• Support community energy planning and action in LMI and environmental justice (“EJ”) communities by encouraging municipalities that house predominately LMI or EJ communities to establish community energy plans and enact them with state support, and develop programs that support affordable access to renewable energy and energy efficiency, such as the existing community solar pilot program.
  • Expand the clean energy innovation economy by supporting the growth of in-state clean energy industries through workforce training, clean energy finance solutions and investing in innovative research and development programs, including the establishment of a Green Bank and a Commercial Property Assessed Clean Energy (C-PACE) lending program to increase the amount of public and private capital flowing to clean energy projects and innovations.

Stakeholders will have multiple opportunities to comment on the draft EMP before it is finalized, including six stakeholder meetings held over three days as follows:

  • Stakeholder Meetings on Wednesday, July 17 at 10 am and 1:30 pm at the State House Annex in Trenton.
  • Stakeholder Meetings on Thursday, August 8 at 1 pm and 4:30 pm at Larson Auditorium at Seton Hall Law School in Newark.
  • Stakeholder Meetings on Thursday, September 12 at 1 pm and 4:30 pm at Black Box Theater at the Kroc Center in Camden.

All stakeholders also are invited to submit written comments until 12 pm on Monday, September 16, 2019.

If you have any questions or would like assistance in developing a set of comments, please contact your CSG attorney or one of the authors of this blog post.

Robert Crespi will be speaking at the Brownfield Coalition of the Northeast’s 2019 Northeast Sustainable Communities Workshop on June 4, 2019. Rob will co-moderate the panel titled, “Getting Your Fill of Fill – A Discussion of the Issues Brownfield Developers Should be Aware of When Testing, Disposing and Reusing Building Materials, Including Concrete, Brick and Block,” from 12:10 – 1:00 pm. The full-day event will be held at the New Jersey Institute of Technology in Newark, NJ.

For more information or to register, please visit the event webpage.

When the New Jersey courts issue an “unpublished opinion,” across the top of the first page is a warning.  “This opinion shall not ‘constitute precedent or be binding upon any court.’”  But sometimes such opinions are ones not to be ignored by lawyers and clients dealing with certain issues.

In the Matter of Lacey Township Permit (Superior Court of New Jersey, Appellate Division, Docket No. A-3173-16T3, April 26, 2019) was an appeal by a citizens’ group seeking to overturn the issuance of an environmental permit by the New Jersey Department of Environmental Protection (“DEP”).  The permit process allows for 30 days of public comment after the submission of the application by the applicant.  The citizens’ group submitted timely comments as did a number of other interested parties.  At the end of the comment period, DEP issued a deficiency letter to the applicant.  Several months later, the applicant submitted a revised application addressing the deficiencies.  DEP then had 90 days to issue a decision on the revised application.  During those 90 days, DEP consulted with two of the commenters and the applicant to lessen the project’s impact on turtles that regularly nest in and access the project area.  The permit was approved and later notice of the permit’s approval was published.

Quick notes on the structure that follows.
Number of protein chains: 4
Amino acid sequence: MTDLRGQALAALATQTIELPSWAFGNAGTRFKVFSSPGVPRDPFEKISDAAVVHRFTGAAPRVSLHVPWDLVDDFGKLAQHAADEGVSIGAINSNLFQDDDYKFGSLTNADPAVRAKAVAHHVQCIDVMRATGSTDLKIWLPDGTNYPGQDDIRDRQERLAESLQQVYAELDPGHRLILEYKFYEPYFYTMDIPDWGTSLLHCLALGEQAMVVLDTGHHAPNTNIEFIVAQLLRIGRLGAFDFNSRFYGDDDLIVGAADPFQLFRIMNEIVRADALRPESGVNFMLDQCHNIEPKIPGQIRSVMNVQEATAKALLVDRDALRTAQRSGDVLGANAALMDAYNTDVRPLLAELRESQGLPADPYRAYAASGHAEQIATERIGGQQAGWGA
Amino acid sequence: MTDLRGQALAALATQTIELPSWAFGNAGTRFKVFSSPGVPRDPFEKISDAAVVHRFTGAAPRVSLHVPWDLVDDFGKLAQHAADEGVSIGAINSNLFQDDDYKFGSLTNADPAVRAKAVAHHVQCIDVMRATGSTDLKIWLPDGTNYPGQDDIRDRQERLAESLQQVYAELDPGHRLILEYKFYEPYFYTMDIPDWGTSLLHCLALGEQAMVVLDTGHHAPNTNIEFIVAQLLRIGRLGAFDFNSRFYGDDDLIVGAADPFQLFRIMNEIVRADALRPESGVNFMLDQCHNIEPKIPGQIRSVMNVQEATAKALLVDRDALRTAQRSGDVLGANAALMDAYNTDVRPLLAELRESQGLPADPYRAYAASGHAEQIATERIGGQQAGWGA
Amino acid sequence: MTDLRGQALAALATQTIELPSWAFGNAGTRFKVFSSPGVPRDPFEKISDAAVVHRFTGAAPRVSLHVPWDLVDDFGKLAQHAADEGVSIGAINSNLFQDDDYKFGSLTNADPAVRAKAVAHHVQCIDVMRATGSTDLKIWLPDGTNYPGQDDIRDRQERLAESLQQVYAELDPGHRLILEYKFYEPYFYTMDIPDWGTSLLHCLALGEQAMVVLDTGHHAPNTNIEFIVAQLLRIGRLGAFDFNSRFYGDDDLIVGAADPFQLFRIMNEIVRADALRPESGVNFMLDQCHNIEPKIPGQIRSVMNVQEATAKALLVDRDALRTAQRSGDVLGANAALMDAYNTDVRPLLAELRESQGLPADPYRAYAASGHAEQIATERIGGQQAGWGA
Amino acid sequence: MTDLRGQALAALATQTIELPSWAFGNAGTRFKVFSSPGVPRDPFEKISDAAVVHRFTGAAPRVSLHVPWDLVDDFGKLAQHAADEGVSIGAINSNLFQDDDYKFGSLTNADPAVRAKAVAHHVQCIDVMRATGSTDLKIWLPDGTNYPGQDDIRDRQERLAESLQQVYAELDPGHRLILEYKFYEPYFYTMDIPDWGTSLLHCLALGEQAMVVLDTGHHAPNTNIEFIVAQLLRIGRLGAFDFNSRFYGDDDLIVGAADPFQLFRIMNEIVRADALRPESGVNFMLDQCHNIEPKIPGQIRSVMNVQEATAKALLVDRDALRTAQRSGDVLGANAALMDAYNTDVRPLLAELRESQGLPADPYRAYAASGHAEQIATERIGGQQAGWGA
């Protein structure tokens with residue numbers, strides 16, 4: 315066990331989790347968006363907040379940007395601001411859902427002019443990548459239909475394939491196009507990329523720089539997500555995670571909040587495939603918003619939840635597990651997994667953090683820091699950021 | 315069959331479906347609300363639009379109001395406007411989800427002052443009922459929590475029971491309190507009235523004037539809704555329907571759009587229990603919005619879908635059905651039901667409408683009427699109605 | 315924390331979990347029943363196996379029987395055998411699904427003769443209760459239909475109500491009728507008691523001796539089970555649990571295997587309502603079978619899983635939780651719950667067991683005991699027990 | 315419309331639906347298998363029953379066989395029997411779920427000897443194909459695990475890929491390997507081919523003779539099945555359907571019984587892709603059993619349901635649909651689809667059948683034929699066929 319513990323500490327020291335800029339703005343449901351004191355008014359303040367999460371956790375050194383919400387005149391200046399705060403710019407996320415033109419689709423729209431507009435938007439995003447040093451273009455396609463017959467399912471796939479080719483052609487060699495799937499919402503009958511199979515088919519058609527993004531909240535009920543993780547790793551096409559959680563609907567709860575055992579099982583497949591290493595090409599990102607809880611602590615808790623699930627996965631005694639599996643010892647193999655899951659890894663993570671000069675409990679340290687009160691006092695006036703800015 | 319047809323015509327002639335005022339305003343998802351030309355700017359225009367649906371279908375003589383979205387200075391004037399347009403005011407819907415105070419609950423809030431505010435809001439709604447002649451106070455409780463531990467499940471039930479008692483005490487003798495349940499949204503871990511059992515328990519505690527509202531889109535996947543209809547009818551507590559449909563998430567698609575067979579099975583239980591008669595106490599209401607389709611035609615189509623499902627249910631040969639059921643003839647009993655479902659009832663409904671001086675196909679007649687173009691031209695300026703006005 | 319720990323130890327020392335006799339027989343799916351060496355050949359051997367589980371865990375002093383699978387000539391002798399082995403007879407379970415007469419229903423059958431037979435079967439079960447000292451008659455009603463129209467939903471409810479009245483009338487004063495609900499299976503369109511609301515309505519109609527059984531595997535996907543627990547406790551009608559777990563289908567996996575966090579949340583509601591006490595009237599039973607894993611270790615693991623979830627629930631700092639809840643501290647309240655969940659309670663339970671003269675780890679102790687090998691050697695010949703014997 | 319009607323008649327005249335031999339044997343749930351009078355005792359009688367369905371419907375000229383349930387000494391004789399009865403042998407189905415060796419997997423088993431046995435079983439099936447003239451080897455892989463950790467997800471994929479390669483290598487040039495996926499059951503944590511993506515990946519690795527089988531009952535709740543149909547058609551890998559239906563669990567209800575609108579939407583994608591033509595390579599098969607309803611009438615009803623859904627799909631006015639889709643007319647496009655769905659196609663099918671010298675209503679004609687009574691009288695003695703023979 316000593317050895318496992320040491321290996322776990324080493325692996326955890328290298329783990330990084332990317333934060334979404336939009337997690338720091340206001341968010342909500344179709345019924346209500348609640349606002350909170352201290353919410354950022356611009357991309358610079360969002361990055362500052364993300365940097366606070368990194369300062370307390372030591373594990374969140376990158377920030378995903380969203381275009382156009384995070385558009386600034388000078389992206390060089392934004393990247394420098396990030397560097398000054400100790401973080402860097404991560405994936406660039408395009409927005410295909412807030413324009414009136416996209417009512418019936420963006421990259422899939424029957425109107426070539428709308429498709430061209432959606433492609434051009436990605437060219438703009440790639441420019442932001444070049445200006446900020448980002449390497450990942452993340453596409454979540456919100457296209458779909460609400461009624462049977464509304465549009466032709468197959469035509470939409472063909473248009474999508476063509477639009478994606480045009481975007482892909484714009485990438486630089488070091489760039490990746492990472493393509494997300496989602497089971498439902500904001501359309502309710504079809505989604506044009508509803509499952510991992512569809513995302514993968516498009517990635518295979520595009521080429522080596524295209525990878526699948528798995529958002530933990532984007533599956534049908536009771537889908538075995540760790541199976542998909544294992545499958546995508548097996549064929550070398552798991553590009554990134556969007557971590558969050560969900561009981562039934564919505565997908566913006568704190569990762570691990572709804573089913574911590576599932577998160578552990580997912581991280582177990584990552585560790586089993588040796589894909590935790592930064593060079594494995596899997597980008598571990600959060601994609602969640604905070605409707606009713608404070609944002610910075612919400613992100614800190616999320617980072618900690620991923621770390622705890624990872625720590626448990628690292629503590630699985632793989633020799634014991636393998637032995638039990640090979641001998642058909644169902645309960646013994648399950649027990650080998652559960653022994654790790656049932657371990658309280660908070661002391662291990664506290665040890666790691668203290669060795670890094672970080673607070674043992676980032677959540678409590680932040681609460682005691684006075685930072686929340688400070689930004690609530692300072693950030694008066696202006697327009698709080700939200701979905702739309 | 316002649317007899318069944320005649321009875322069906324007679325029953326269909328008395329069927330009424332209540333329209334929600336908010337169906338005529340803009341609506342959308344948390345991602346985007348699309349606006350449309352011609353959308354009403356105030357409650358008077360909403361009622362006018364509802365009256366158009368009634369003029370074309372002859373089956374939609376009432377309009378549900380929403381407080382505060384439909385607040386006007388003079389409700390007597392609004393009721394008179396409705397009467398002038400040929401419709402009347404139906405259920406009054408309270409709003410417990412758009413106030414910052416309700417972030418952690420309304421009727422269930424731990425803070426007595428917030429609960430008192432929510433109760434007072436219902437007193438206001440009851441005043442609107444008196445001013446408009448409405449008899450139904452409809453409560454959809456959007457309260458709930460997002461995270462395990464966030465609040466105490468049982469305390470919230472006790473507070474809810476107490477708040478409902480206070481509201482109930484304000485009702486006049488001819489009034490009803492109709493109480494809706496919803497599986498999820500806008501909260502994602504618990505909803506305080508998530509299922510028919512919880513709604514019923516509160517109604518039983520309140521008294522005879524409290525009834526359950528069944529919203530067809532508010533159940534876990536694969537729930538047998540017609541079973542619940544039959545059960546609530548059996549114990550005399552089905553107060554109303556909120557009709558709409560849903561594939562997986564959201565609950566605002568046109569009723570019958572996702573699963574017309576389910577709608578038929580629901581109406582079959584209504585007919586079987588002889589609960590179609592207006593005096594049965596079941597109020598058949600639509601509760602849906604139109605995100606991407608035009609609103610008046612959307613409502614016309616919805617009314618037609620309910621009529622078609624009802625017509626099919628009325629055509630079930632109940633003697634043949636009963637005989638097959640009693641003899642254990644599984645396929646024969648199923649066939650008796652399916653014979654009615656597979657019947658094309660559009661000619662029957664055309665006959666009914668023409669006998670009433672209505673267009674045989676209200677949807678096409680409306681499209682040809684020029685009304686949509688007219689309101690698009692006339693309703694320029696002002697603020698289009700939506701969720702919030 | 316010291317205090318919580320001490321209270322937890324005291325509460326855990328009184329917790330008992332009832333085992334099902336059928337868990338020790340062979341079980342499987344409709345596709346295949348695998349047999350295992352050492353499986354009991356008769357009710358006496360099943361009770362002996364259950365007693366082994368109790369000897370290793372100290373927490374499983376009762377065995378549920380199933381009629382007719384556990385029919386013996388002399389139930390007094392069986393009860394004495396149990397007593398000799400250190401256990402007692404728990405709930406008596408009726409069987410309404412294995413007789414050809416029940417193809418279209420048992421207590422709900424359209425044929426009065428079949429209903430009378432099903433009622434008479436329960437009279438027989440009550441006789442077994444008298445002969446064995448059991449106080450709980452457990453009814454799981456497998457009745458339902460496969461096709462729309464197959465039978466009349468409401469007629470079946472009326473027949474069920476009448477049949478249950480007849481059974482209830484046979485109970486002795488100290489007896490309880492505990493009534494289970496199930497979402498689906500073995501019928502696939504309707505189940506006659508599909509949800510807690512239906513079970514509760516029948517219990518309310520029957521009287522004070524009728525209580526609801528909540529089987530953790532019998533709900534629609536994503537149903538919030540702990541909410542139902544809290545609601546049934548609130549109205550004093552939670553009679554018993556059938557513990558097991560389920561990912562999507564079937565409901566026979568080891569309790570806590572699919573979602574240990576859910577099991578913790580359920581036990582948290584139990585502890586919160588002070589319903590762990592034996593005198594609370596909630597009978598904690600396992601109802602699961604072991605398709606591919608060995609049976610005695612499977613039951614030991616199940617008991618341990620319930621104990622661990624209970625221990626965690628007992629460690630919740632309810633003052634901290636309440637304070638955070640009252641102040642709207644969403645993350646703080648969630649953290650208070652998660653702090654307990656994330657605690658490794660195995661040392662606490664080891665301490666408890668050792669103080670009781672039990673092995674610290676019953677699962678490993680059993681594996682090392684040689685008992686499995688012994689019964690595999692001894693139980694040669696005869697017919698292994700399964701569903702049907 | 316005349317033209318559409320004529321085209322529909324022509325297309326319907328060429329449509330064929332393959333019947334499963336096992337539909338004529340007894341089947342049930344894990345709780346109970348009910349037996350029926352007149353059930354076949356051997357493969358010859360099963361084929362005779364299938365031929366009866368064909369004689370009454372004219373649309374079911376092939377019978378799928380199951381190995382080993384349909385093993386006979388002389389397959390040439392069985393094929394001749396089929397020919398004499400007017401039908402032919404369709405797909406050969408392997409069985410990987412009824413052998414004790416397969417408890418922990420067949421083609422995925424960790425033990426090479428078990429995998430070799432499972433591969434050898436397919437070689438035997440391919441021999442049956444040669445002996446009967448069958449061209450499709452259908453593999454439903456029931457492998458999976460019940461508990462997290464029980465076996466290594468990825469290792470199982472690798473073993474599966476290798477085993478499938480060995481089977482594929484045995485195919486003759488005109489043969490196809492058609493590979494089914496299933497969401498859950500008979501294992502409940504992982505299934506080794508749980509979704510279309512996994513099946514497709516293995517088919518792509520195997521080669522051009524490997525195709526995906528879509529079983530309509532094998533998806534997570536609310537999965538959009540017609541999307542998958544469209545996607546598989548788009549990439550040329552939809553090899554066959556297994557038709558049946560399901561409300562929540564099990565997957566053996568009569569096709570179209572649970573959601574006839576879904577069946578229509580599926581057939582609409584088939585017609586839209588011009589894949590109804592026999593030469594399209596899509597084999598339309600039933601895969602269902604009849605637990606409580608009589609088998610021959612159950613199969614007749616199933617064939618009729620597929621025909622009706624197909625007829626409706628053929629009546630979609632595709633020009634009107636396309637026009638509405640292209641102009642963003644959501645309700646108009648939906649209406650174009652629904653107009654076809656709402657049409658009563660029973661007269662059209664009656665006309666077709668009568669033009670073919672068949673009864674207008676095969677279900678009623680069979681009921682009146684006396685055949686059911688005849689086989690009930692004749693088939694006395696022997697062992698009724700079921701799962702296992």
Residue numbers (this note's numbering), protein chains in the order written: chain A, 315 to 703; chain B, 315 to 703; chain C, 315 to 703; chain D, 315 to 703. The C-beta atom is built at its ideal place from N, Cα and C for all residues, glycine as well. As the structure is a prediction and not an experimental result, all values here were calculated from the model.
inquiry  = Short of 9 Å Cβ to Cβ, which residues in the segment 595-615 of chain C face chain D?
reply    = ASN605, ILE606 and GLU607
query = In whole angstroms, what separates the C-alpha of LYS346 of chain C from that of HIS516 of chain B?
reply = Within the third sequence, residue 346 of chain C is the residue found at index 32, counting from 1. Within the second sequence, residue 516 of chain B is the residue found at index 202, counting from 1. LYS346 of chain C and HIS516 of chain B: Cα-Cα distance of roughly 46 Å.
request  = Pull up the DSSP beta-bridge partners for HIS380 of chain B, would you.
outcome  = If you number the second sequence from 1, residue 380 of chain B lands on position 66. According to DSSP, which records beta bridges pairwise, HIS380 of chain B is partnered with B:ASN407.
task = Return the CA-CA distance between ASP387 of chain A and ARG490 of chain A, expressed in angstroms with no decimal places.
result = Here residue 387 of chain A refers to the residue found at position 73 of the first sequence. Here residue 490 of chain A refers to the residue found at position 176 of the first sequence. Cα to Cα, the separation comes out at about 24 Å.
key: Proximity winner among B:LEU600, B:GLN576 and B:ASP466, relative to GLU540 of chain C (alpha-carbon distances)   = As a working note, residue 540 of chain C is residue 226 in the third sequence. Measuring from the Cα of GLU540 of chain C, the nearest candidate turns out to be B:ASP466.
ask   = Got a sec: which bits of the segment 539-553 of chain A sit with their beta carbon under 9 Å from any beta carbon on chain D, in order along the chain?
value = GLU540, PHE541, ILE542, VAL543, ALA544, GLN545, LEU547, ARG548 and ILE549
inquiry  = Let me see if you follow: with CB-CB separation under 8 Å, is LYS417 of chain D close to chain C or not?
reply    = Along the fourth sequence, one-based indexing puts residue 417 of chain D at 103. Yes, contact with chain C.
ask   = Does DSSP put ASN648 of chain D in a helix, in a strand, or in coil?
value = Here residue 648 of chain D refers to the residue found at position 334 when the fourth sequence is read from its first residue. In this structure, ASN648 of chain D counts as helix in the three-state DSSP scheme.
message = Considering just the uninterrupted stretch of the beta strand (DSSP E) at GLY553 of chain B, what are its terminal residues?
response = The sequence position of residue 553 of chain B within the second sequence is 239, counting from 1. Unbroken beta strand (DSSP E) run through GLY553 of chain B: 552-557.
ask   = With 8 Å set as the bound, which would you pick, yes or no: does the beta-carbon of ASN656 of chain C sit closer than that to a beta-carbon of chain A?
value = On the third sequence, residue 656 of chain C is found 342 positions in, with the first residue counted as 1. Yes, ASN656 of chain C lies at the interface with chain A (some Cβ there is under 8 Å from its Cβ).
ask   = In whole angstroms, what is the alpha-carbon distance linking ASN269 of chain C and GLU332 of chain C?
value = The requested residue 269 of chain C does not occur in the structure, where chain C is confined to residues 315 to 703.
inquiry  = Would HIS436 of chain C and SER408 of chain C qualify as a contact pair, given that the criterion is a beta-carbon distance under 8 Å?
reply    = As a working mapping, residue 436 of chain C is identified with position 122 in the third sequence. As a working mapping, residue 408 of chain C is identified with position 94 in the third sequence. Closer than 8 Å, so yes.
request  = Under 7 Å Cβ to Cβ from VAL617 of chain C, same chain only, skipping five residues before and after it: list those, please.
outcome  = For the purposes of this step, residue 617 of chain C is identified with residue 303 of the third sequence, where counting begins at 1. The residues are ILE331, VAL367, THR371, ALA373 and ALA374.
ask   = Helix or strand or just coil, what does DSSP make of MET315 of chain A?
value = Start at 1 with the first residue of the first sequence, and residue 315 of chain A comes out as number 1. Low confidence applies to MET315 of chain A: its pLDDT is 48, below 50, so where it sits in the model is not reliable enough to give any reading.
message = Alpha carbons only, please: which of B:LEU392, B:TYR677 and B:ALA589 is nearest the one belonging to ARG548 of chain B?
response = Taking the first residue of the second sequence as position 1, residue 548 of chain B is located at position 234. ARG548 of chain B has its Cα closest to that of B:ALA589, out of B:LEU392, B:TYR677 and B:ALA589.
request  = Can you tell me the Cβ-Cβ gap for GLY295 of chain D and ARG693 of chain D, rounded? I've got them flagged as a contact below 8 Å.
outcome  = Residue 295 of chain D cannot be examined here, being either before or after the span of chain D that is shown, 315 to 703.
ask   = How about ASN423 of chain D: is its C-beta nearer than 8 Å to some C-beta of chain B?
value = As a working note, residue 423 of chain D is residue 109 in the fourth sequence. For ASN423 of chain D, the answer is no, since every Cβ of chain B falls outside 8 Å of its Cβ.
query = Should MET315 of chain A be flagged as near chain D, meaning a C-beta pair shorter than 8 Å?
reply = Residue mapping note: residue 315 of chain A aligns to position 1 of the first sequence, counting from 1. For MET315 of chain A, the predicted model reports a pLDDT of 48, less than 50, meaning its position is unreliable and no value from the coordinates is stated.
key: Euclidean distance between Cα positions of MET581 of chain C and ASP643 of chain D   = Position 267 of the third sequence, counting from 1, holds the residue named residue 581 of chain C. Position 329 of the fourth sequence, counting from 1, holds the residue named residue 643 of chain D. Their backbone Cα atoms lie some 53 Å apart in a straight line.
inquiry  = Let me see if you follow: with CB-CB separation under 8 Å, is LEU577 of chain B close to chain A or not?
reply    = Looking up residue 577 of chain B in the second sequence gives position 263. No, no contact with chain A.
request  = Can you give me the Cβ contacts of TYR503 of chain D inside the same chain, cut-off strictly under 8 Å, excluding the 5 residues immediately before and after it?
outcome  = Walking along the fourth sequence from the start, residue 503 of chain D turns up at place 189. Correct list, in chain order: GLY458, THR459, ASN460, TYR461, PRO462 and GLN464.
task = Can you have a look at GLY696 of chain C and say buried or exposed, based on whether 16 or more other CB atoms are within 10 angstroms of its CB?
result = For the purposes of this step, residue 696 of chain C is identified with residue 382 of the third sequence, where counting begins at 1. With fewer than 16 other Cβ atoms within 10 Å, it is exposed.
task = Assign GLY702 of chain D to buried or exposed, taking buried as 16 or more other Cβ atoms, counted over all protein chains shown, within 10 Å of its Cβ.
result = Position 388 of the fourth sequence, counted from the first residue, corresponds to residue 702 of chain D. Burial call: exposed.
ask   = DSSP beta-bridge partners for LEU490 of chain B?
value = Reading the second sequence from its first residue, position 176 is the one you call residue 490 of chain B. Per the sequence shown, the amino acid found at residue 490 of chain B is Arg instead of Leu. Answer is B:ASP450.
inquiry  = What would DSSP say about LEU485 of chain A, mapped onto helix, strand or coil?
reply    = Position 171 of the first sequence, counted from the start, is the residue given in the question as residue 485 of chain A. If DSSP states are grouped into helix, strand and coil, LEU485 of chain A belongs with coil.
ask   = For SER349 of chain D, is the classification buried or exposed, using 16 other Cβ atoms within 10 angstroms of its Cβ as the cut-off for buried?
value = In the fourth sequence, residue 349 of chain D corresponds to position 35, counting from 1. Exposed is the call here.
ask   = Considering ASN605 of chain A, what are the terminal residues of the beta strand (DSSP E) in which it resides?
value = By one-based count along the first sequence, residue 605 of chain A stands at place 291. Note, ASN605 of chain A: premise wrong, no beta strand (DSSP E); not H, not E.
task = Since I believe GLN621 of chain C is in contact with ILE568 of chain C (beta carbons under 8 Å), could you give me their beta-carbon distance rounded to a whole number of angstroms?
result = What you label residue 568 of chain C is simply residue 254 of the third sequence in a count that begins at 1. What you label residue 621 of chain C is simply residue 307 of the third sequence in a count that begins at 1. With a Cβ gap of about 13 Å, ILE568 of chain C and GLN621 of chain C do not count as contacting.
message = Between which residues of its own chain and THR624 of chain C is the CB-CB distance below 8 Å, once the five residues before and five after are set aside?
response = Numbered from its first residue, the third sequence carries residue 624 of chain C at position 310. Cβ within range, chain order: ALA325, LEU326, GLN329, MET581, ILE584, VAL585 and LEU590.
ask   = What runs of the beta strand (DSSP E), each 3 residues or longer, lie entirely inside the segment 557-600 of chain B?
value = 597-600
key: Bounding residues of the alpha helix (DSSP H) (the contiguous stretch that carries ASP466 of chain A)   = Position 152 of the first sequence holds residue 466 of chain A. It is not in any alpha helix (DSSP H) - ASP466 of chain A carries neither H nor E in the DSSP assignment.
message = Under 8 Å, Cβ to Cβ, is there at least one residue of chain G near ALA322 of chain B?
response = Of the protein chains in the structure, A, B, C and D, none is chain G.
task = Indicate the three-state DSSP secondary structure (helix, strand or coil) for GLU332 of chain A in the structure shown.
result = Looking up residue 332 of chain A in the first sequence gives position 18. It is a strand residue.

The citizens’ group had the right to request a hearing on the permit approval within 30 days of the notice of approval.  If it had requested a hearing, it could have also requested a stay of the project’s construction.  It did neither.  The project was completed six months after the notice of the permit’s approval was issued.

It is not surprising the court denied the citizen’s group request.  Overturning a permit is difficult before New Jersey Courts and an unpublished decision on this issue normally would not merit comment.  But this case is different.

Here the court pointed out what the citizens’ group could have done differently.  Not that these actions would have affected the court’s decision but, as with having chicken soup when is ill, it could not have hurt.  The citizens’ group could have sought to confer with DEP while it was considering the deficiencies in the original permit application.  It could have requested a hearing within 30 days after notice of the permit’s issuance.  Finally, it could have sought “a stay of construction pending appeal from DEP and this court.”  It took none of these actions.

The points in the above paragraph do not fall within the court’s holding.  Instead, they are best characterized as advice to parties opposing a permit in the future.  It is this “advice” that makes this case important even if it cannot be cited as precedential.